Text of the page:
More Chinese private companies are pinning their hopes on overseas markets as they search for profits.
Shanghai Fosun Pharmaceutical (Group) Co., Ltd., a private drug maker, is involved in a bidding war for American healthcare company Chindex and has raised its offer, Fosun announced on its website this week.
In February, Fosun and private equity firm TPG made an offer for Chindex, which runs the United Family Healthcare chain in China, the country's first foreign-invested hospital.
Liang Xinjun, CEO of Fosun, said in a country with a growing and aging population, the healthcare industry is expected to boom. Considering overburdened public hospitals and increased competition, the acquisition would help the company increase access to the market,
"Now it might be the best time for Chinese enterprises to seek mergers and acquisitions (M&A) overseas," Liang said
Chinese private enterprises have been involved in a wave of overseas M&A in real estate, food and other areas in recent years.
Property developer Dalian Wanda Group acquired America-based cinema operator AMC in 2012. Last year, China's largest meat processing enterprise Shuanghui International announced the acquisition of Smithfield, the largest Chinese takeover of a U.S. company.
After developing in China for nearly 20 years, Greenland Holding Group is now seeking real estate projects in European and American cities.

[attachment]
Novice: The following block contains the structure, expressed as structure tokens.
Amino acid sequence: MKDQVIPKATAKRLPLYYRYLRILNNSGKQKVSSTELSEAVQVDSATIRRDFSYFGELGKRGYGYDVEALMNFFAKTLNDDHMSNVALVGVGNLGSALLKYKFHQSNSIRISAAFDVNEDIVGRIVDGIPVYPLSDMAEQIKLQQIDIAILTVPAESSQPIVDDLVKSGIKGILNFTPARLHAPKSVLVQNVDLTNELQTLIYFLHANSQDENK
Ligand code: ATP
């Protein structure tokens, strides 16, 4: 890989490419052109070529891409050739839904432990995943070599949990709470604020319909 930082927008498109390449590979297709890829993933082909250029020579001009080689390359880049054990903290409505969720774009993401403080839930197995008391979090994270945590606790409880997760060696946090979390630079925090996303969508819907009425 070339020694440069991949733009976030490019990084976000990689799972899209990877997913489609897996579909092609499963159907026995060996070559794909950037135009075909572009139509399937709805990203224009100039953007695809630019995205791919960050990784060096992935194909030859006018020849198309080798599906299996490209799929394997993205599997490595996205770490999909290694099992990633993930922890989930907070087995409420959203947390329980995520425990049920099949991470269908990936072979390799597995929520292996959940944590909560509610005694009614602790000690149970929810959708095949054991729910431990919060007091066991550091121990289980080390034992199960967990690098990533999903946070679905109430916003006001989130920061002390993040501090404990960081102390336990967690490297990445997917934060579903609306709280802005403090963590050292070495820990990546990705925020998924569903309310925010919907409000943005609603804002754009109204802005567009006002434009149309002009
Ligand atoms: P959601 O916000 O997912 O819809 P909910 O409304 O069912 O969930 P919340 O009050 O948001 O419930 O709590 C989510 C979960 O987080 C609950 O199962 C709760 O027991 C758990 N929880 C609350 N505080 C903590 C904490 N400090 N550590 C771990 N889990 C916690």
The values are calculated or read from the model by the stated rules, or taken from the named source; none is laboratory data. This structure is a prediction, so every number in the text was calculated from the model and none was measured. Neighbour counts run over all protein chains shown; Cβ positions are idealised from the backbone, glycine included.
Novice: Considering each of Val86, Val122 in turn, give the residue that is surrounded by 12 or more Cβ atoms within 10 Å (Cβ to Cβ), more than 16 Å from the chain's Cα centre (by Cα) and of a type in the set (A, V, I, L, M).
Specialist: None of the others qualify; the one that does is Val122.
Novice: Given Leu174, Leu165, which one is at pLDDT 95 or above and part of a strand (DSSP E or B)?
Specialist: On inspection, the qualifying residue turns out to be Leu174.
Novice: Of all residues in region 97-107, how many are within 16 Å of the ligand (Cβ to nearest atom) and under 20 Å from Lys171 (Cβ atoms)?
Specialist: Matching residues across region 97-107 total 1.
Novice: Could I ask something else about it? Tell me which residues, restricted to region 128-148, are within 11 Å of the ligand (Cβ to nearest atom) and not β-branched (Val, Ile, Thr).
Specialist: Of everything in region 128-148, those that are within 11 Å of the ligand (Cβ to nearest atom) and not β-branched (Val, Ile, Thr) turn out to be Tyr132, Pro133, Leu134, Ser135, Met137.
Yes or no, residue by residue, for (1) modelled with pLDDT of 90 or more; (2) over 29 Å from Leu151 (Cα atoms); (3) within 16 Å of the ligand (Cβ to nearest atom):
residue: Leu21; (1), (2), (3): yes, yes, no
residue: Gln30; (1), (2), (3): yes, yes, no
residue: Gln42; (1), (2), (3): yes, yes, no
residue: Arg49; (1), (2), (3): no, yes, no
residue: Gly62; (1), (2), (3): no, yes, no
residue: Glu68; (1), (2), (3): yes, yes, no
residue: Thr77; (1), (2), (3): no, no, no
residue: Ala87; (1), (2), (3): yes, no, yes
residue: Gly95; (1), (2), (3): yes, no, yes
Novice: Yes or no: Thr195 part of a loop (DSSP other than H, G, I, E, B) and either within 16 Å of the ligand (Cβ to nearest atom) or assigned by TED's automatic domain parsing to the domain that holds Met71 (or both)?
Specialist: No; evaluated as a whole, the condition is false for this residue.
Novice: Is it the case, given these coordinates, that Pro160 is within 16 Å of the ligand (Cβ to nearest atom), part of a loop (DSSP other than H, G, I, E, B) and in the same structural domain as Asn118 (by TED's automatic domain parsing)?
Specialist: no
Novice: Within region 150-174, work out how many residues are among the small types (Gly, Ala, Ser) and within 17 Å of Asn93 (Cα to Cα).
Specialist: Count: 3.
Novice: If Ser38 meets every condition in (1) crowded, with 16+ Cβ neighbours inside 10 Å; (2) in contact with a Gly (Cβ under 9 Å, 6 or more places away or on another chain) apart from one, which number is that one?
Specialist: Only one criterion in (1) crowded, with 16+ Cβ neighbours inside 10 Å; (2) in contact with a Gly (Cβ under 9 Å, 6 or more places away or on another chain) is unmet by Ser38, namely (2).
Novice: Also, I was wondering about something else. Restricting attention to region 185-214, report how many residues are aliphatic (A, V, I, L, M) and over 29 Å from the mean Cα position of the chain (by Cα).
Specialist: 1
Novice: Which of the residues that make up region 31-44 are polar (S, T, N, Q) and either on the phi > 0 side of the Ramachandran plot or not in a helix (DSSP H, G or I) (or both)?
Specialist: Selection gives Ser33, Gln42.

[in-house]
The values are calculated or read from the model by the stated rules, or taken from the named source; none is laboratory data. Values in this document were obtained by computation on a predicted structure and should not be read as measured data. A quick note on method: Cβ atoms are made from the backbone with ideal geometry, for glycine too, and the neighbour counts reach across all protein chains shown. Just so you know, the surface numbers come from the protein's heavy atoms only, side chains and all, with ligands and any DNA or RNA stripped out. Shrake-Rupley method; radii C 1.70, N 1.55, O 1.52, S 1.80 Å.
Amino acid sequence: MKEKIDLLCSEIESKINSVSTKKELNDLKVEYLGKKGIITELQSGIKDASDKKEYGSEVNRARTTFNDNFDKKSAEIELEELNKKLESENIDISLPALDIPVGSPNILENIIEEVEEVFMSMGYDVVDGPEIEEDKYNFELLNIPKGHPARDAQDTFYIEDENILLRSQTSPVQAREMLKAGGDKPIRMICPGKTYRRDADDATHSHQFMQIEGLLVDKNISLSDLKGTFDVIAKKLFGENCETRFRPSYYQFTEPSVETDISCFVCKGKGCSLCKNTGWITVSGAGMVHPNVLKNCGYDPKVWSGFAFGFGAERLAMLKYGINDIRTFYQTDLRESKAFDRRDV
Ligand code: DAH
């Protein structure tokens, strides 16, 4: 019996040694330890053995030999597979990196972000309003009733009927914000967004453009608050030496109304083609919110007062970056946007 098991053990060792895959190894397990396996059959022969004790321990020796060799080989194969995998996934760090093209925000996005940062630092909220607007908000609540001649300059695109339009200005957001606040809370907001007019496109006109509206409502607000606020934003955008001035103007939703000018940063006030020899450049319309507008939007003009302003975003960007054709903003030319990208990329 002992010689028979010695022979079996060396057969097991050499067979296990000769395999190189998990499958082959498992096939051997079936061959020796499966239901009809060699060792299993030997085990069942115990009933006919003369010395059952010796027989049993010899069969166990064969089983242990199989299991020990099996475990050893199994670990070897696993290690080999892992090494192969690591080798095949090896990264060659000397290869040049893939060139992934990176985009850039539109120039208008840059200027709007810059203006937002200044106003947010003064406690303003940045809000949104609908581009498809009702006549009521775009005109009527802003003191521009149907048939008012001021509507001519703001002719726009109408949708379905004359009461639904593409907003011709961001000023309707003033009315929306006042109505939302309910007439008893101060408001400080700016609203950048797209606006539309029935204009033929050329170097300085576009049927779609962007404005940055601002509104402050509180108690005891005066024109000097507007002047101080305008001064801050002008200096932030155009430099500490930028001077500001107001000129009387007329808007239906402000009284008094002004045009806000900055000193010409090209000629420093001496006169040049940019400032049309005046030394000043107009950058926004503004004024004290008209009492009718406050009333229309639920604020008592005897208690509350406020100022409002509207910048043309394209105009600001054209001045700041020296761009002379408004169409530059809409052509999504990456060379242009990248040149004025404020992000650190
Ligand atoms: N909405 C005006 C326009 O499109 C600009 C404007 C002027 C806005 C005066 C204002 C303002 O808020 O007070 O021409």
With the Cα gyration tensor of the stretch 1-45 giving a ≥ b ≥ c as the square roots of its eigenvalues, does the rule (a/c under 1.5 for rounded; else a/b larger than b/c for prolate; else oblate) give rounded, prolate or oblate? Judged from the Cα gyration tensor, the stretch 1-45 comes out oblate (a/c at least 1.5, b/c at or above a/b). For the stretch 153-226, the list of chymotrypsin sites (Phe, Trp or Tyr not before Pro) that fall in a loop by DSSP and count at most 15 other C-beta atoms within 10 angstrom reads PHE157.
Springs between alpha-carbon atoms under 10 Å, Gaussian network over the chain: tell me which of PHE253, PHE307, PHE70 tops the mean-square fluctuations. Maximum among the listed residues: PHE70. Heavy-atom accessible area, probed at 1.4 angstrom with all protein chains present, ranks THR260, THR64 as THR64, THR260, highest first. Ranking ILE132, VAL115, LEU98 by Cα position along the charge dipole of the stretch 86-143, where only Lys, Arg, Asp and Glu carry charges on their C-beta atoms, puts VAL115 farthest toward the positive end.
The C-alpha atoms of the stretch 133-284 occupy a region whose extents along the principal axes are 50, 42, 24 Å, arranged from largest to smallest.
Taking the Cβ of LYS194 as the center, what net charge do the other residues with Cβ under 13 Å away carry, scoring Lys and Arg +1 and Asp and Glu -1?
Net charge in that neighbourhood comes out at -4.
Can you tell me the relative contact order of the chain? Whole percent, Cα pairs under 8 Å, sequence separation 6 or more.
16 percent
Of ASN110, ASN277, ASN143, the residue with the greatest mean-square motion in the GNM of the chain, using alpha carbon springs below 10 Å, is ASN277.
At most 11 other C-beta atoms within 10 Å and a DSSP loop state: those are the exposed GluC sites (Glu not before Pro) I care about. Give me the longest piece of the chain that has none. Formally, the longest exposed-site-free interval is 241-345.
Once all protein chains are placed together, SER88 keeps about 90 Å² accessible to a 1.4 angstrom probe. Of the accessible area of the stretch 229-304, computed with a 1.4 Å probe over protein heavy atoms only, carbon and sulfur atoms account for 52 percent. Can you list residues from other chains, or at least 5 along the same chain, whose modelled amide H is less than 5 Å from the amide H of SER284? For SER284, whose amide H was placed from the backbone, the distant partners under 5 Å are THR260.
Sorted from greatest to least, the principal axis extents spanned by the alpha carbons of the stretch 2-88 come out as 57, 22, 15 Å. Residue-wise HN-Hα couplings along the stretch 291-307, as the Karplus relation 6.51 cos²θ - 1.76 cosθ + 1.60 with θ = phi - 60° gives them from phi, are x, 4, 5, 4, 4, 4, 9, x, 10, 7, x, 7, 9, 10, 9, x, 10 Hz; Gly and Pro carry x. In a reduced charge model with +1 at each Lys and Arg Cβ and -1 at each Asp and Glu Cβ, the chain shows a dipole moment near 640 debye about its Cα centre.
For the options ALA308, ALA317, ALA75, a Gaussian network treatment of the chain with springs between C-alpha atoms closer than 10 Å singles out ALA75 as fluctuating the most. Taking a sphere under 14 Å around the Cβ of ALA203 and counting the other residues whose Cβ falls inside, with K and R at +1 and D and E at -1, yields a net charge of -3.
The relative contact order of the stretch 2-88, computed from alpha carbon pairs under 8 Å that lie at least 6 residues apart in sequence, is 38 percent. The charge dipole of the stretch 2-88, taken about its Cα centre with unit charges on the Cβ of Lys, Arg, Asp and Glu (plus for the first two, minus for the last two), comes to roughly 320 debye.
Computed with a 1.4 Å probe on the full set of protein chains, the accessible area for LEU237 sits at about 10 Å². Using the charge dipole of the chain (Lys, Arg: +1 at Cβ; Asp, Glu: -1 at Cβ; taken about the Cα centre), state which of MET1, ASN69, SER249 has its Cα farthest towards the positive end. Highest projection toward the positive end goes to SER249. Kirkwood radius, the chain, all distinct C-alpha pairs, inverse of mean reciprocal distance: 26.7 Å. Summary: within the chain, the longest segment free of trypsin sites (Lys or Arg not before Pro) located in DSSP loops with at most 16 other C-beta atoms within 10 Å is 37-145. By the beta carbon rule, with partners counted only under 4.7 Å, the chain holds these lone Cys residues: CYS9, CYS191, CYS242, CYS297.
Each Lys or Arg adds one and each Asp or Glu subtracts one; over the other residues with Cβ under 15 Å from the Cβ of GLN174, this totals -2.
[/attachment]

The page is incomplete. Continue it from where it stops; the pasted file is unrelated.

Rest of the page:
The company's chairman Zhang Yuliang said it will increase foreign investment by more than 10 billion U.S. dollars this year.
China has become the world's third largest foreign investor. Since reform and opening up in the late 1970s, Chinese accumulated overseas investment topped 600 billion U.S. dollars by the end of 2013. Investment was worth 104.5 billion U.S. dollars alone last year, statistics showed.
Other figures revealed that foreign investment of non-public enterprises in Shanghai had reached 7.83 billion U.S. dollars over the past five years, accounting for 54.2 percent of total overseas investment
China's economic restructuring and industrial upgrading have provided opportunities for private enterprises to go global, said Zhang Lizhou, general manager of the investment banking department of China Minsheng Banking Corp., Ltd..
"In the past, real estate, energy, manufacturing firms all made money in China, but now it is very hard. Overcapacity has haunted various industries like steel, photovoltaic and shipbuilding. Private enterprises have to go overseas for more opportunities," he said.
Booming overseas investment by Chinese private firms can be attributed to more freedom, the yuan's appreciation and comparatively low prices of foreign assets, according to a survey jointly published by U.S. think tank Asia Society and consulting firm Rhodium Group.
A report by PricewaterhouseCoopers (PwC) said new trends are emerging as the proportion of Chinese private firms seeking M&A overseas has gradually increased.
It said unlike Chinese state-owned enterprises which invest in industries like energy, electricity and resources, private firms choose diversified areas including consumer goods, services and high technology.
Gao Zhen, a managing partner at Mandarin Capital Partners, said, "Previous waves of Chinese overseas investment mainly focused on resources, but now more private firms are preferring business opportunities that could help them in industrial upgrading," he said.
Enterprises have matured during the process. Technology and strategic cooperation now seem more attractive than mere share holdings.